Nepal Photo Project Captures How 'Life Goes On' For Earthquake Survivors

28/04/2015 4:45 PM IST | Updated 15/07/2016 8:25 AM IST
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Omar Havana via Getty Images
KATHMANDU, NEPAL - APRIL 28: A man sits outside his house while his family pack their belongings inside their damaged house on April 28, 2015 in Kathmandu, Nepal. A major 7.8 earthquake hit Kathmandu mid-day on Saturday, and was followed by multiple aftershocks that triggered avalanches on Mt. Everest that buried mountain climbers in their base camps. Many houses, buildings and temples in the capital were destroyed during the earthquake, leaving thousands dead or trapped under the debris as emergency rescue workers attempt to clear debris and find survivors. Regular aftershocks have hampered recovery missions as locals, officials and aid workers attempt to recover bodies from the rubble. (Photo by Omar Havana/Getty Images)

The aftermath of the 7.9 magnitude earthquake that hit Nepal and adjoining areas on Saturday will be felt for a long time. As the death toll crossed 4,000 — and is likely to even hit 10,000, according to the country's Prime Minister — there are tens of thousands left behind who need to build their lives back slowly, painfully.

A group of 10 photographers in and around Kathmandu have started the 'NepalPhotoProject', capturing visuals as the rescue operations are underway. The group has also invited submissions from others through their Facebook page and Instagram profile, and believe that these images can help disseminate information amongst aid agencies and those tracking their loved ones in Nepal.

Here are some of the images the group has captured since they hit the ground on Saturday, shortly after the earthquake took place.


A house in Basundhara, Kathmandu collapsed during the massive earthquake of 25 April 2015. Photo by @kishorksg #nepalphotoproject #nepalearthquake #nepal #collapse

A photo posted by NepalPhotoProject (@nepalphotoproject) on




Panicked residents have thronged open spaces, sleeping under tents and whatever other shelter they can find even as it rains and temperatures dip at night.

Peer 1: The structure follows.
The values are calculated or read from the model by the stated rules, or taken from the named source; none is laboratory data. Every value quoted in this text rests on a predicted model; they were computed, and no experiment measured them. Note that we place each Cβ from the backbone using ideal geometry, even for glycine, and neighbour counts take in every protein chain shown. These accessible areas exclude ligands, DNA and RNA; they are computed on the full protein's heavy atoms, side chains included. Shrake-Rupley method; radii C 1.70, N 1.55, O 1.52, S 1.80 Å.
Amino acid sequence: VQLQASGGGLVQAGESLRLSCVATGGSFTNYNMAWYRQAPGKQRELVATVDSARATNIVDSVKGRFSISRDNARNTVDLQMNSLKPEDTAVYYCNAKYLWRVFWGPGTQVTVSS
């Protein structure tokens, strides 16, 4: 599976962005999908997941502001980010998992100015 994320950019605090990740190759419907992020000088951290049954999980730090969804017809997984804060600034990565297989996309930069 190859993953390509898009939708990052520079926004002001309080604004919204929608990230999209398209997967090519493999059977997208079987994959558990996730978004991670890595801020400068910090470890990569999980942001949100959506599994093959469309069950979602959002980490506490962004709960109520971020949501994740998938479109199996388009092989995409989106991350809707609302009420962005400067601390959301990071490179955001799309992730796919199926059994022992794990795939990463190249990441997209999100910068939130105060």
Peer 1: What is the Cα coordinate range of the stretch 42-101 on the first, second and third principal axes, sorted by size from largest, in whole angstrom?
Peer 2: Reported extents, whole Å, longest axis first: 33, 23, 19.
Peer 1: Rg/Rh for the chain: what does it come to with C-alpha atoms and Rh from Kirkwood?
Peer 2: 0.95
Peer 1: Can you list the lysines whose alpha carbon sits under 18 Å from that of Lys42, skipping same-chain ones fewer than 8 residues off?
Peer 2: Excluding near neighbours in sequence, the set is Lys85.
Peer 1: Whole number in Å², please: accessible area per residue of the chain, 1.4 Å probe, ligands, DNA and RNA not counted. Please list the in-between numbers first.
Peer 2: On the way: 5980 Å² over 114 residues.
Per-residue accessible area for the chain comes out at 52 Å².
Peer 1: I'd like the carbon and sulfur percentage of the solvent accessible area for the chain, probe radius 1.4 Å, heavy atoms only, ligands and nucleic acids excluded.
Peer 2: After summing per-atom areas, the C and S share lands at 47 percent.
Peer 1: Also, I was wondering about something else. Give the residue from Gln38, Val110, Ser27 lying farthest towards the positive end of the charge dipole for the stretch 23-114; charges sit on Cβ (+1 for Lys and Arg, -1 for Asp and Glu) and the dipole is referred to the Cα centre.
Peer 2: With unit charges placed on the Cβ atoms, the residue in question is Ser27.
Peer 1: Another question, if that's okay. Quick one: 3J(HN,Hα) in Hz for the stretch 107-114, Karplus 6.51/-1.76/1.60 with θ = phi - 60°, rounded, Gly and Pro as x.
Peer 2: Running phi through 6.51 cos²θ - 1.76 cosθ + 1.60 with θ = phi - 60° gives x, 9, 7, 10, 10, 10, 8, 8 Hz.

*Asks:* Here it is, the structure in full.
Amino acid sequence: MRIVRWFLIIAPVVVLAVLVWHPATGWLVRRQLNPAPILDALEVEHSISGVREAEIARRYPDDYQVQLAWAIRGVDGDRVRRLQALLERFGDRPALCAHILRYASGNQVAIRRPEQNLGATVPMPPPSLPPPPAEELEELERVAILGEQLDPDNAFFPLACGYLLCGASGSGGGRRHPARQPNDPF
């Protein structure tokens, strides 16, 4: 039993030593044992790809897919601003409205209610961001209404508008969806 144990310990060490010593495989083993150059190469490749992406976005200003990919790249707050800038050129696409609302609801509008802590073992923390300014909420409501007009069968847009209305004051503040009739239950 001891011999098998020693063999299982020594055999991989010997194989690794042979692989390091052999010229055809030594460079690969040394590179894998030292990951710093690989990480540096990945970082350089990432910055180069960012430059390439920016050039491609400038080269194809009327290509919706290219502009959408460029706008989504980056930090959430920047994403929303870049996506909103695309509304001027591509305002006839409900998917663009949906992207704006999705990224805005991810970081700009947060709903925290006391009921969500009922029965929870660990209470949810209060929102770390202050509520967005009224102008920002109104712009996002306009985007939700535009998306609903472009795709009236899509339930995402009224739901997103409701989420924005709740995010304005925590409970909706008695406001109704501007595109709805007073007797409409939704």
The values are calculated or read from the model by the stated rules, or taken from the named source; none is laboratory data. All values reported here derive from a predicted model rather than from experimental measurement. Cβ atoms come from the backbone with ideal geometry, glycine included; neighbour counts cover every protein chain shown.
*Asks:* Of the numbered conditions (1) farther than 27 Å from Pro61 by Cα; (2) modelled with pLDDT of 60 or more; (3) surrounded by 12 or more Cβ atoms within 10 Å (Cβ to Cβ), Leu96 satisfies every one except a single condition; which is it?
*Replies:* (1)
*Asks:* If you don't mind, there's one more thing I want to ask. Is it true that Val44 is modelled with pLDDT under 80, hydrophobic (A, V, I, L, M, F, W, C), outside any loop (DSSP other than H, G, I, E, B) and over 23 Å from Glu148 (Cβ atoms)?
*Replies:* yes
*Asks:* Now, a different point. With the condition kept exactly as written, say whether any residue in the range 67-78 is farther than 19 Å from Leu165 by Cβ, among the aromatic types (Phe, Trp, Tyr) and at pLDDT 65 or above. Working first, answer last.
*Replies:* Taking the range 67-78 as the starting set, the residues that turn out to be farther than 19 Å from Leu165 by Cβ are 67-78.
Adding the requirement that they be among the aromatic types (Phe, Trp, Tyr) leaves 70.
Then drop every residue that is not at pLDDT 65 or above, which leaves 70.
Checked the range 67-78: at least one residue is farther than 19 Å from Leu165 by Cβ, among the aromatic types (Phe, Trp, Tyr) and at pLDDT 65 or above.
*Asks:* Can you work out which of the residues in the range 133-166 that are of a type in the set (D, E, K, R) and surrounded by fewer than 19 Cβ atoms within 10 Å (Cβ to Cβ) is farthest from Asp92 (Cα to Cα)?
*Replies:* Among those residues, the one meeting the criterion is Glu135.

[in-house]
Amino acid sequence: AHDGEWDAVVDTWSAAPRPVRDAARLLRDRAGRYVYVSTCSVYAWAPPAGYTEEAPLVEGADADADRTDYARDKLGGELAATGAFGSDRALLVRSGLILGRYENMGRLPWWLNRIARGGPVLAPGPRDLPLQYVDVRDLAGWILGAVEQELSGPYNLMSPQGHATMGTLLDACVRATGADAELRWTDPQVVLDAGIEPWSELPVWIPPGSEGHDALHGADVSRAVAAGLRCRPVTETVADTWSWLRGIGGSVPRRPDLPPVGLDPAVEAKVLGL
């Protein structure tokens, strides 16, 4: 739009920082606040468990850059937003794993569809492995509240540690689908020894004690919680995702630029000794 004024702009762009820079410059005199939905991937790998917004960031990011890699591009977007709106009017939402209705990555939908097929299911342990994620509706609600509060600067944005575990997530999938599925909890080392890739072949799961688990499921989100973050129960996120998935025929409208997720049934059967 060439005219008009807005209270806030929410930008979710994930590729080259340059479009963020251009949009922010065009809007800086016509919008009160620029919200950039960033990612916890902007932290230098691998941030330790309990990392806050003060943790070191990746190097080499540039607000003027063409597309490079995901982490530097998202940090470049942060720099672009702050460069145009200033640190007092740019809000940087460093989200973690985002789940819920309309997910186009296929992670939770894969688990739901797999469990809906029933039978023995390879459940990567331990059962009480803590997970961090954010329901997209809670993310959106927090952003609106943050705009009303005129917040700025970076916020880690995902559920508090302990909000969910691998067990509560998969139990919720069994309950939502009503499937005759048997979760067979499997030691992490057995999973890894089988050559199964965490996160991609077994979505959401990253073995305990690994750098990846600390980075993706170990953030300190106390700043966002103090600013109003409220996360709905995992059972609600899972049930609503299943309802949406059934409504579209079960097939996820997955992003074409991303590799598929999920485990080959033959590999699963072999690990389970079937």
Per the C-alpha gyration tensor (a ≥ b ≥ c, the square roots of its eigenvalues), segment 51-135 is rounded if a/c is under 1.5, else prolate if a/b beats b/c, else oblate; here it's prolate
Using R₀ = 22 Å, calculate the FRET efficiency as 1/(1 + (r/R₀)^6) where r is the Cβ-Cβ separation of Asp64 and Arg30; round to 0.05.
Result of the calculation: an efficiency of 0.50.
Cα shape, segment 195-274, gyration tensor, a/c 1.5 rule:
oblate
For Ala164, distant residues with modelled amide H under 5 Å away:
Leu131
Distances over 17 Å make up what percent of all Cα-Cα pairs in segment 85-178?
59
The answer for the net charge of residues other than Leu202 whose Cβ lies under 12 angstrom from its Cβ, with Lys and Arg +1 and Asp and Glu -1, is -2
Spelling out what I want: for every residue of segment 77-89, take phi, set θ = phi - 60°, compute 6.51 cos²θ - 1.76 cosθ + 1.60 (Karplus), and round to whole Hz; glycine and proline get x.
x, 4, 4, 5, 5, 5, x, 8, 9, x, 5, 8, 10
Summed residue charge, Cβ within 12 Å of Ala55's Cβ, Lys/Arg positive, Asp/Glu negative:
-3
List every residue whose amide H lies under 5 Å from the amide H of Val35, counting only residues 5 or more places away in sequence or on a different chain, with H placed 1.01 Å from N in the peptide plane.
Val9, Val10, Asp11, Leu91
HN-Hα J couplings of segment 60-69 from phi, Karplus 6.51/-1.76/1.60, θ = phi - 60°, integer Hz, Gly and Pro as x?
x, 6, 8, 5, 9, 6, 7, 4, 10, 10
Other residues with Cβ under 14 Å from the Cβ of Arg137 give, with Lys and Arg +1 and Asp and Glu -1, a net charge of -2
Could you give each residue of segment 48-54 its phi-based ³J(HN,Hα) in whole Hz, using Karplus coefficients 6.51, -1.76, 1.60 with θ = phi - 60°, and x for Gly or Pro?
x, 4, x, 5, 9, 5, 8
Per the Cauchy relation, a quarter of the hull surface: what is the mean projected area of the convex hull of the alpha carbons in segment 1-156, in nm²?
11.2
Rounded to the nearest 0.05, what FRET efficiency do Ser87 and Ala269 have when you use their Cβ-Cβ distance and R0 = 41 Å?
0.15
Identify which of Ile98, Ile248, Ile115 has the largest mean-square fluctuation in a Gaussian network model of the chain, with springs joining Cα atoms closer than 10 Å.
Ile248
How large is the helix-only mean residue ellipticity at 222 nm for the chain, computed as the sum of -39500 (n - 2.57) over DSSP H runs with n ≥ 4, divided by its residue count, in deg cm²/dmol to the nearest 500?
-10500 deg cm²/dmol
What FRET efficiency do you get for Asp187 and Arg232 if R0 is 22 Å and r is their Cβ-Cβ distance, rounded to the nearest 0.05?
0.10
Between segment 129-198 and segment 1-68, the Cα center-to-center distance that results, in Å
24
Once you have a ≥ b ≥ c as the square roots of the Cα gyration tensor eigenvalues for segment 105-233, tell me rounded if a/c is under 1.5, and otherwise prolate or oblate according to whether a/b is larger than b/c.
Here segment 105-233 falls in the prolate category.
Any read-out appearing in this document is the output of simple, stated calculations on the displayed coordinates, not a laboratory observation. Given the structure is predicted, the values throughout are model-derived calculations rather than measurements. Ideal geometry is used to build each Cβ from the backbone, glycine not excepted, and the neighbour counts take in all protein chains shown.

While there's been a mass exodus of people from the city, getting out is not as easy as buying a ticket.




Travellers huddle outside the Tribhuvan airport in Kathmandu as temperatures drop during the night. A huge exodus in progress as thousands of locals, tourists and workers are trying to exit through the country's only International airport. I spent close to two hours waiting for Spice Jet plane to taxi because of a massive congestion of planes landing simultaneously. The airport can only accommodate so many aircrafts at a time and due to cancelled flights many have landed a few mins apart. Food and water are scarce. For bottled water, the shop outside the airport has only Evian to offer for about $5. Taxis are scarce at night and some taxi drivers may charge ridiculous amounts. Best way to is to share a cab and split the cost. Photo by @sumitdayal #nepalphotoproject #nepalearthquake #nepalquake #kathmandu #nepal #airport

A photo posted by NepalPhotoProject (@nepalphotoproject) on




For others left behind, they are trying their best to cope with scarce supplies. "Life must go on," as one of the photographers part of the project shows us.







Many locals have come forward, helping distribute resources among other earthquake survivors, many of whom are not left with any possessions at all.





Thousands are camping out in the open, and with water, medicine, and other resources running out fast, Nepal will be heavily relying on external aid to slowly cope with the physical loss of so many of its people, resources, and heritage.




h/t Quartz


The button below indicates how much has been raised on Crowdrise's "Nepal Earthquake Relief" page. Click to visit the site and donate.

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